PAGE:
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QUALITY | 8 out of 10
limo-like 44.5 inches of rear legroom
laudably low wind rush
If there's a quieter truck out there, we haven't driven it
The 2009 Tundra draws high praise from reviewers for its comfort and usability. A minor drawback actually proves to be the truck’s build quality—normally an area in which Toyota sets the benchmark.
The Double Cab and CrewMax both offer rear bench seating with ample space, though Kelley Blue Book thinks that the "non-adjustable rear seatback" in the Double Cab might be "a bit too upright for long road trips." The CrewMax corrects this by offering seats that are "adjustable both for fore-aft positioning and seatback inclination," says Kelley Blue Book. Seating capacity inside the 2009 Toyota Tundra ranges from three in the two-door Standard Cab to six in both the Double Cab and expansive CrewMax. Consumer Guide reports that the front seats on all versions of the 2009 Tundra offer "generous shoulder space" and are "very comfortable, but are set relatively high so headroom ends up being tight beneath the sunroof housing." Edmunds adds that the "ample front seats are accommodating" on all cabs.
The rear seats of the Double Cab are also roomy, though Consumer Guide characterizes it as "adequate" as opposed to the "expansive" legroom found in the CrewMax. A characteristic of the Toyota Tundra CrewMax that reviews read by TheCarConnection.com invariably mention is the incredible rear space, which Edmunds says is the "roomiest rear seat of any pickup truck," offering a "limolike 44.5 inches of rear legroom."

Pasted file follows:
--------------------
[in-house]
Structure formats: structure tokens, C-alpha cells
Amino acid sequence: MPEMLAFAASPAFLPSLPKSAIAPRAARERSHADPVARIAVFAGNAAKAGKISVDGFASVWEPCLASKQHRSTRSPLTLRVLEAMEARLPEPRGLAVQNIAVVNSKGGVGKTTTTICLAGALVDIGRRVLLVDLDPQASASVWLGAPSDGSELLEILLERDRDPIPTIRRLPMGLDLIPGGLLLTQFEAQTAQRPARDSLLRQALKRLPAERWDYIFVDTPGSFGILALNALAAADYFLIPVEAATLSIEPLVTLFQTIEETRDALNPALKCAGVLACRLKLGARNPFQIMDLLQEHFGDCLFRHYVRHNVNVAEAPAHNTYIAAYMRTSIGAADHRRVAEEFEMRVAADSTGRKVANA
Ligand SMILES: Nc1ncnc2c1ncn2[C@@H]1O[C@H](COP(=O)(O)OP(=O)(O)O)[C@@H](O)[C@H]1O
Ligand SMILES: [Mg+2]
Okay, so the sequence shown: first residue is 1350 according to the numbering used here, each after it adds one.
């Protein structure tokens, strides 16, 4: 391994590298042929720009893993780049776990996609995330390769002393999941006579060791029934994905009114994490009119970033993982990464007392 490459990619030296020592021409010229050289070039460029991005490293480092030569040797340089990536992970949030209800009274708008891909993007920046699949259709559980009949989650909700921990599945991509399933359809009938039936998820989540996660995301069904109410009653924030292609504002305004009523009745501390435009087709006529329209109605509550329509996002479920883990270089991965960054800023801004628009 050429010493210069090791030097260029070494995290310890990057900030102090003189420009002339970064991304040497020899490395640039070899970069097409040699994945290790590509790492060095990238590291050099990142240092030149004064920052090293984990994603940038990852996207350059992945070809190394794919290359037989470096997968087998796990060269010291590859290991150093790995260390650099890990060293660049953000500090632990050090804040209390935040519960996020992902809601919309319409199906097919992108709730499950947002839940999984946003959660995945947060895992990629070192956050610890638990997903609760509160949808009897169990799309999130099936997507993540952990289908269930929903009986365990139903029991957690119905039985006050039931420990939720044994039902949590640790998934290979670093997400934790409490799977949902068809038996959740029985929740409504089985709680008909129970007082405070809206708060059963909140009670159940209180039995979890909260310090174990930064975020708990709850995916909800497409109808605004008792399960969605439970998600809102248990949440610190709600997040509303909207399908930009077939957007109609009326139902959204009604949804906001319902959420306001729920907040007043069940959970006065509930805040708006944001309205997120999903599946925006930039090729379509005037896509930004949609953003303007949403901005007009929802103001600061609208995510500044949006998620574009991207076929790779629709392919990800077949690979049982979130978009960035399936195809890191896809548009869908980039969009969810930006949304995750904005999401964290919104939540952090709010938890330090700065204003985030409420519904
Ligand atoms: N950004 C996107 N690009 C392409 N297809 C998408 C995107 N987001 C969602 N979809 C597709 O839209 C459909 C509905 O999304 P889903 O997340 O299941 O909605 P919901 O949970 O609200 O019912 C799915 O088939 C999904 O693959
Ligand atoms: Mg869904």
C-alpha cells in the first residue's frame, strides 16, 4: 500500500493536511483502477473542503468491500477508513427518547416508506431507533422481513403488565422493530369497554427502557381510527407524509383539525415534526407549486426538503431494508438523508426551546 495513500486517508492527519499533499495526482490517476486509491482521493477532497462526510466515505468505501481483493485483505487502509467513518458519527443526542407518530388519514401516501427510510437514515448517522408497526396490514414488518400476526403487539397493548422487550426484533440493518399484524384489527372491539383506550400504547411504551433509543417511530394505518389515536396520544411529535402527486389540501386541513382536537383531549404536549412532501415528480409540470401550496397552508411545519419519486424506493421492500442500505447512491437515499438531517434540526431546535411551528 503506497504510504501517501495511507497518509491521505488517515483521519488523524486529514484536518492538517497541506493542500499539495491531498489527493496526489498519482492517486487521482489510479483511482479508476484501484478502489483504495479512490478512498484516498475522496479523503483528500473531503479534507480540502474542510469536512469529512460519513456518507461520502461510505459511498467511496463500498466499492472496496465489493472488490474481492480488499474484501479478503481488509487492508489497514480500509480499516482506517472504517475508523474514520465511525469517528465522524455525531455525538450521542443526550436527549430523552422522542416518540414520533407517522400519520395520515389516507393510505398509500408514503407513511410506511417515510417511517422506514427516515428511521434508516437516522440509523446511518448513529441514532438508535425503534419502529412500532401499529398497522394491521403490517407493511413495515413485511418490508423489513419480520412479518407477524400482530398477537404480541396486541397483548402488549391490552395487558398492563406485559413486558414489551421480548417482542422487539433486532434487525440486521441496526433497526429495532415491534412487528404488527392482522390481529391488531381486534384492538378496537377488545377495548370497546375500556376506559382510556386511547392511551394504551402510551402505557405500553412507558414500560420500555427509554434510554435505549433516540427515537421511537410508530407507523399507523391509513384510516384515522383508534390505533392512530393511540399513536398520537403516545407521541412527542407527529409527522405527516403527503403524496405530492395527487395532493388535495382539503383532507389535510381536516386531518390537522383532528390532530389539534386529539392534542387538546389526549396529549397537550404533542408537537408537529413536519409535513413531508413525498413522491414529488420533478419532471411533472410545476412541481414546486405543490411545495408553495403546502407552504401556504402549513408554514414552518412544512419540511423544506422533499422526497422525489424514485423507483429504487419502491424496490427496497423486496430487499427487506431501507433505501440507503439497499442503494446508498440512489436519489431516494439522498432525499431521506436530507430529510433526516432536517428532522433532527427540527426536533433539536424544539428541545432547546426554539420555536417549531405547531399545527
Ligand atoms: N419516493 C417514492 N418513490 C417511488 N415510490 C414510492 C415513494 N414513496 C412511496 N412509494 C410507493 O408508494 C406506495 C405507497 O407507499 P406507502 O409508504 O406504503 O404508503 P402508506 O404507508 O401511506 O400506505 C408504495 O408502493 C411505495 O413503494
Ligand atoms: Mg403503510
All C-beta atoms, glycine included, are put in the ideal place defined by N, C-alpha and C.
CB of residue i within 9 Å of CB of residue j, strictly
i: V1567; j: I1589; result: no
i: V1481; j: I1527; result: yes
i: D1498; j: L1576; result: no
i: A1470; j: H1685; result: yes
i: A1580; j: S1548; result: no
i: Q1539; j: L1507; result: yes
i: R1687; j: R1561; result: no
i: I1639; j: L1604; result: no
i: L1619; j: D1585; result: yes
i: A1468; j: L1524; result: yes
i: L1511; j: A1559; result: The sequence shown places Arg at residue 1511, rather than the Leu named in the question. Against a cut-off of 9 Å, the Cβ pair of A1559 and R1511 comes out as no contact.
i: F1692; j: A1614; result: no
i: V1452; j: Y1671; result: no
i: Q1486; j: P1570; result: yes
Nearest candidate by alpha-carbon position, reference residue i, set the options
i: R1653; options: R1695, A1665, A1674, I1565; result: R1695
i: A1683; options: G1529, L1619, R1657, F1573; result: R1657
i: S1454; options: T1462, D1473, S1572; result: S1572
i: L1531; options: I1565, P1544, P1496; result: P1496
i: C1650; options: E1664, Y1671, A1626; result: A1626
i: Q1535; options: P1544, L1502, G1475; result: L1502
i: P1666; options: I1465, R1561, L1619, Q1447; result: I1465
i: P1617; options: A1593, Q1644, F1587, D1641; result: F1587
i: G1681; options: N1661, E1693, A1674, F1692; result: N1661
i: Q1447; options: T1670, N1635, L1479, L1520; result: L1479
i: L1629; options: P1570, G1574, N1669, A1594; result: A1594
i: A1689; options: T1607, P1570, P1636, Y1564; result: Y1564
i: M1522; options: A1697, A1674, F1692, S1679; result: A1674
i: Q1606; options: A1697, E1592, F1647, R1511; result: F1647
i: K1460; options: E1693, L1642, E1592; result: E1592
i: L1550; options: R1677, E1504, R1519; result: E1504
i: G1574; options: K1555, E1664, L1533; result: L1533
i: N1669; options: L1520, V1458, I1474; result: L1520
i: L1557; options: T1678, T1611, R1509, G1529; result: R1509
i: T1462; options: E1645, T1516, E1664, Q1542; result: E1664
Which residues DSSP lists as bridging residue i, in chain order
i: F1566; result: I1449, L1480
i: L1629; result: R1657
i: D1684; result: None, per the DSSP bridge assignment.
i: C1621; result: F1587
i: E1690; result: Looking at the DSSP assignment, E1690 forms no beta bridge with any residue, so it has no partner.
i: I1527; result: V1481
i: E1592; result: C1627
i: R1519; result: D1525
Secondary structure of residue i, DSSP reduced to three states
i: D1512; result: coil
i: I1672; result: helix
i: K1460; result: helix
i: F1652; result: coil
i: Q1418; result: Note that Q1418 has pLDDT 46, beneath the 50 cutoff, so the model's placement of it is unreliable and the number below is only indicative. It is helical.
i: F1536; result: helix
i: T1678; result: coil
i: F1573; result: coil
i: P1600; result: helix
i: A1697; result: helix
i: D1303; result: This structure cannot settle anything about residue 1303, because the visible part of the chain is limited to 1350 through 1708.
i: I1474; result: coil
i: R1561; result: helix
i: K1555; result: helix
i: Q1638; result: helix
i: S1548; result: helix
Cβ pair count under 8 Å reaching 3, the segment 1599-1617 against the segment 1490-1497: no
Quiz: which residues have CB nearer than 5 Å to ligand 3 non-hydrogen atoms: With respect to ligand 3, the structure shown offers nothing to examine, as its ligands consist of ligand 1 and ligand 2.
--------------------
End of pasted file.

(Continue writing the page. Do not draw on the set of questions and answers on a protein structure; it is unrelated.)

MotherProof reviewers rave about the fact that the 2009 Tundra offers "so much clever compartment space," including a "hidden shelf above the glove compartment" and "huge center console [that] includes space for a laptop and hanging files." Kelley Blue Book also mentions the "numerous storage areas and work surfaces" found inside the cabin of the 2009 Toyota Tundra, while The Detroit News points out that the interior can "serve as an office" while on the road. One of the highlights of the 2009 Toyota Tundra is the tremendous amount of storage space that it offers, which makes the Toyota Tundra an incredibly practical vehicle.
Although the interior storage in the Toyota Tundra is a high point for reviewers, the quality of the material used tends to draw their ire. Consumer Guide feels that "the overall quality of the interior disappoints," as "too many cabin panels ring hollow and are hard to the touch." Edmunds appreciates that the designers "placed their emphasis on utility and durability," but one drawback to the 2009 Tundra's functionality is that "soft-touch surfaces are rare," and the interior is bathed in "a large amount of hard plastic trim." However, despite the poor quality of the materials, The Detroit News does point out that they are "thoughtfully constructed," and Edmunds adds "build quality is tight."
Consumer Guide praises the "laudably low wind rush," while Motor Trend declares that "cabin quiet ... is probably the Tundra's most impressive quality," claiming that "if there's a quieter truck out there, [they] haven't driven it." The solid, high-quality construction garners the reviewers' unanimous approval of the interior noise, or lack thereof, on the 2009 Tundra.
Occupants of the ultra-quiet 2009 Toyota Tundra will have no problem discussing the truck’s mid-grade plastics.